Vision impairment, blindness affects 66% of nursing home residents
Approximately 66% of residents in nursing homes have evidence of vision impairment and blindness, according to a study that highlighted the importance of comprehensive eye exams in older adults living in nursing homes.
Researchers conducted a cross-sectional analysis of the records of 7753 residents at nursing homes throughout North Carolina who were ≥65 years of age at the time of the initial patient visit.
Vision impairment was defined as best-corrected visual acuity between 20/40 and 20/200 and blindness as best-corrected visual acuity worse than 20/200.
Of the initial eye examination records included, 34% of the residents had normal vision, 43% had vision impairment, and 23% were blind.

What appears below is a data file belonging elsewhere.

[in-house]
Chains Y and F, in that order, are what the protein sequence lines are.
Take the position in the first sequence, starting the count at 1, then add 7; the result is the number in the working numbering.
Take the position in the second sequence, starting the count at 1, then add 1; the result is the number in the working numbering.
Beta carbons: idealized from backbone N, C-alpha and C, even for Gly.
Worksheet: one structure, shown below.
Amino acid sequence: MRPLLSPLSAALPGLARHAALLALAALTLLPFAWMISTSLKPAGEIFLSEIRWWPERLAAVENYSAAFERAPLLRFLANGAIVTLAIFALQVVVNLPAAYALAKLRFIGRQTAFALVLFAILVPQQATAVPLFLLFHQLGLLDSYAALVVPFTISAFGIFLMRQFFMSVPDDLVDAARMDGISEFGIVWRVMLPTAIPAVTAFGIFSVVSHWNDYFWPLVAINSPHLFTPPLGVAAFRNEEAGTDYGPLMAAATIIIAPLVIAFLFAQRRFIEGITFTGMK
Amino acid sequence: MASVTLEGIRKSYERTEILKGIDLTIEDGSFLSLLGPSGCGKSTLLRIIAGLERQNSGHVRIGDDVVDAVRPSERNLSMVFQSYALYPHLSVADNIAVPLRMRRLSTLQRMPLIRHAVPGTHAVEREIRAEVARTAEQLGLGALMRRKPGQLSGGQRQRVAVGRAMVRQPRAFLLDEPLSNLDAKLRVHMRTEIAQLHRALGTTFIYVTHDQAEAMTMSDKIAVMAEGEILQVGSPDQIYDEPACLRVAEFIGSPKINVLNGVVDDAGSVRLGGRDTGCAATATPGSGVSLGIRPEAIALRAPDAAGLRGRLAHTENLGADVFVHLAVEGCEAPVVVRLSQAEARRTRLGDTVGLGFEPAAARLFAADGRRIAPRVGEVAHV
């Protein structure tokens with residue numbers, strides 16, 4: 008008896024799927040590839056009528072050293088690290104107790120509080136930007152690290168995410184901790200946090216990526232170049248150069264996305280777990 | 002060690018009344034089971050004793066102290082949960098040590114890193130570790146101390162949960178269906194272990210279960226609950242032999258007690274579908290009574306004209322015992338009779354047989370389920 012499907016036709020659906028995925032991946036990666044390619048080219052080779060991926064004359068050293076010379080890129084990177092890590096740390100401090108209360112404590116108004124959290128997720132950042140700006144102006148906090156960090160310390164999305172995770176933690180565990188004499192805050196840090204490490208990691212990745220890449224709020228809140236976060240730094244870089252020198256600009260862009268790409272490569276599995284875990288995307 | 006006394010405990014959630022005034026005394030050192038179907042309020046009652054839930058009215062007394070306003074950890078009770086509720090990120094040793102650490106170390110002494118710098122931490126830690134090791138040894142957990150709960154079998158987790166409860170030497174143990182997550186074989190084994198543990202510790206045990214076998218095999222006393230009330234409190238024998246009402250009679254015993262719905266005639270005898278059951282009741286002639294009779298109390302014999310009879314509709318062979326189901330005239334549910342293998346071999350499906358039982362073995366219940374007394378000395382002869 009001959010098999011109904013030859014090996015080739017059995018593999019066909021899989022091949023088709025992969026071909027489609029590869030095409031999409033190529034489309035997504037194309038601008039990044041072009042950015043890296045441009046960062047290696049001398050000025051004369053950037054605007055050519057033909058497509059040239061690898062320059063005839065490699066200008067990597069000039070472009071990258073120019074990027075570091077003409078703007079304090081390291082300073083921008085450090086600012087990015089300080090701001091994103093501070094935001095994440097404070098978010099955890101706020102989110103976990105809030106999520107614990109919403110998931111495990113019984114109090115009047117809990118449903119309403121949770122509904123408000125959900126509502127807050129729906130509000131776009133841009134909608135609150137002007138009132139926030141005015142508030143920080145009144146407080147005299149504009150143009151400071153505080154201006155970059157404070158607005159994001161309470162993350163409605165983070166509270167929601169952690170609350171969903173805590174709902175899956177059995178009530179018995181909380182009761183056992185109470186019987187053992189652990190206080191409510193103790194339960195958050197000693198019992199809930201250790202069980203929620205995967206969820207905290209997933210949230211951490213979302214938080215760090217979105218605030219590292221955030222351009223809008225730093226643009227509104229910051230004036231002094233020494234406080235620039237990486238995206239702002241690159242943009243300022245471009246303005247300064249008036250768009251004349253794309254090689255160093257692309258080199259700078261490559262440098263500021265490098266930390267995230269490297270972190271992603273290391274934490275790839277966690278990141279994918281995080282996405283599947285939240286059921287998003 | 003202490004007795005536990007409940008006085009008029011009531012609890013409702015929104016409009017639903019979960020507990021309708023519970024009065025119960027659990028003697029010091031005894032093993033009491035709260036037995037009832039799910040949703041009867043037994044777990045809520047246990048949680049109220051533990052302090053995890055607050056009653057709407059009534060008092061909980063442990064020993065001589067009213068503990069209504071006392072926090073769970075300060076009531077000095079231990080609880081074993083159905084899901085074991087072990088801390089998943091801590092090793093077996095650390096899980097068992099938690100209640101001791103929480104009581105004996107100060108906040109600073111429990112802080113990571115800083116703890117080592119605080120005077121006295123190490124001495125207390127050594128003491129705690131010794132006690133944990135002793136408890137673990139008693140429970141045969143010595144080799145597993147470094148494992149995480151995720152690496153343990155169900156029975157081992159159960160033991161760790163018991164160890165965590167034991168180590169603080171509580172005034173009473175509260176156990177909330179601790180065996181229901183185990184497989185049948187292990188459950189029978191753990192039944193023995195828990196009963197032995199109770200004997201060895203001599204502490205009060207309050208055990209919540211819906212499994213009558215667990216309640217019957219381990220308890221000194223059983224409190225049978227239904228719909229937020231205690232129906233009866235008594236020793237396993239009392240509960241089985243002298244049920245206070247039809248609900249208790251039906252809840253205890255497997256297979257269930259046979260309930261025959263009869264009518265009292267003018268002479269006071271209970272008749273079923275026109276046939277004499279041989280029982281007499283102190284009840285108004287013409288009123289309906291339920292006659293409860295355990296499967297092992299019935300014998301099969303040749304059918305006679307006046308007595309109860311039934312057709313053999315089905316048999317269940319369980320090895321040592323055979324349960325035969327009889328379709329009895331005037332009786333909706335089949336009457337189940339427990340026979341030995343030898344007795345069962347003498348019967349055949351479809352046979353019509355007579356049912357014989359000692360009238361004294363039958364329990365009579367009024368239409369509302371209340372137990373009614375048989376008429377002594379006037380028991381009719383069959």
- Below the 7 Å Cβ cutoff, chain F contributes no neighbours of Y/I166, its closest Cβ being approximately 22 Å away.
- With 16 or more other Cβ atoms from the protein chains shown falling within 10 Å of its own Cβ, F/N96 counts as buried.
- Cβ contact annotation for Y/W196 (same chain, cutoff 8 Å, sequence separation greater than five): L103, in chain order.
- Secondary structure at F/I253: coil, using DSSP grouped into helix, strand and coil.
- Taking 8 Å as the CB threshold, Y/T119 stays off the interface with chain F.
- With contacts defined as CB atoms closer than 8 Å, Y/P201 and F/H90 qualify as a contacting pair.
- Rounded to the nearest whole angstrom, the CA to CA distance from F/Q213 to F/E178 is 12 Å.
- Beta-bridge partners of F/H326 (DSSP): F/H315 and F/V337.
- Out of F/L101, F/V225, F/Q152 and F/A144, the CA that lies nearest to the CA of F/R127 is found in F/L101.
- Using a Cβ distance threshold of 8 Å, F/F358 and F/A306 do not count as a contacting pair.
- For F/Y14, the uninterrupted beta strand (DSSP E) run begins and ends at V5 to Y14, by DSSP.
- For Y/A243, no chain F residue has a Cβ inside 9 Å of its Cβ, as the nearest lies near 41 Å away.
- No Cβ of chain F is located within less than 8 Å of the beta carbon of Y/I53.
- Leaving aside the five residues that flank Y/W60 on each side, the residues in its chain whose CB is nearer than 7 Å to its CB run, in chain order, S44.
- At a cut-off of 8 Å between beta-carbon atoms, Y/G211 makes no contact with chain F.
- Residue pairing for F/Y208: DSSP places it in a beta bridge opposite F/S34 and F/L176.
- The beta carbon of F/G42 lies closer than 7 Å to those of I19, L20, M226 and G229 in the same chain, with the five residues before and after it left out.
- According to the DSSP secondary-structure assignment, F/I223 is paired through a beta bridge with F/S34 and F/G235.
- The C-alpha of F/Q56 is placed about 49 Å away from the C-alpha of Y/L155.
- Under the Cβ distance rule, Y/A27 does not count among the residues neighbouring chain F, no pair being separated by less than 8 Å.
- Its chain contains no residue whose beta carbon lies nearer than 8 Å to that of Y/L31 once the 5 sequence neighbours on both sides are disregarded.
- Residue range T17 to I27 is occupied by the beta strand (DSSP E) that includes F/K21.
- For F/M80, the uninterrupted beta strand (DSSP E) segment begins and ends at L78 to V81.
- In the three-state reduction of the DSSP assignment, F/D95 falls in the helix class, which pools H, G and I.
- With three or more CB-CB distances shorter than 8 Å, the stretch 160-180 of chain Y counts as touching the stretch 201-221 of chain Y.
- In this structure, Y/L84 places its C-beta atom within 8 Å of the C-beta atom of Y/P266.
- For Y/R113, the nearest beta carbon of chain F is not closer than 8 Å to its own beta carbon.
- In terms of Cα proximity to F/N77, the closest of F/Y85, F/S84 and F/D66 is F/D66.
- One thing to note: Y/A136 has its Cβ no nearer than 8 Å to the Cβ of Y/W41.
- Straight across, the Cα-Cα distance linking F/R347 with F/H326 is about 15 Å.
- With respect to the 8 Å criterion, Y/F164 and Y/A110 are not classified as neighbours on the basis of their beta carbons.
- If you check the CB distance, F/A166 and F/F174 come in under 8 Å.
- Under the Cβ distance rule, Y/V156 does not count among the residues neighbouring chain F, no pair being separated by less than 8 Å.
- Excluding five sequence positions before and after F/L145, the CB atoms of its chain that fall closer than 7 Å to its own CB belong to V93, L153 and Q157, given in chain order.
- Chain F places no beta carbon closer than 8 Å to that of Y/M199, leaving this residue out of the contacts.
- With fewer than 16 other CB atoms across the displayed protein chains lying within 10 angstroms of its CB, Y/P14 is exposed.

Residents with age-related eye diseases had a higher prevalence of vision impairment and blindness, ranging from 63% to 76% and from 23% to 53%, respectively.
The researchers noted that correction of refractive error reduced vision impairment or blindness.
Monaco W, Qureshi R, Arif A, et al. Risk Factors for Vision Loss among Nursing Home Residents: A Cross-Sectional Analysis. J Am Med Dir Assoc. 2022;S1525-8610(22)00828-3. doi: 10.1016/j.jamda.2022.10.018. Epub ahead of print. PMID: 36442539.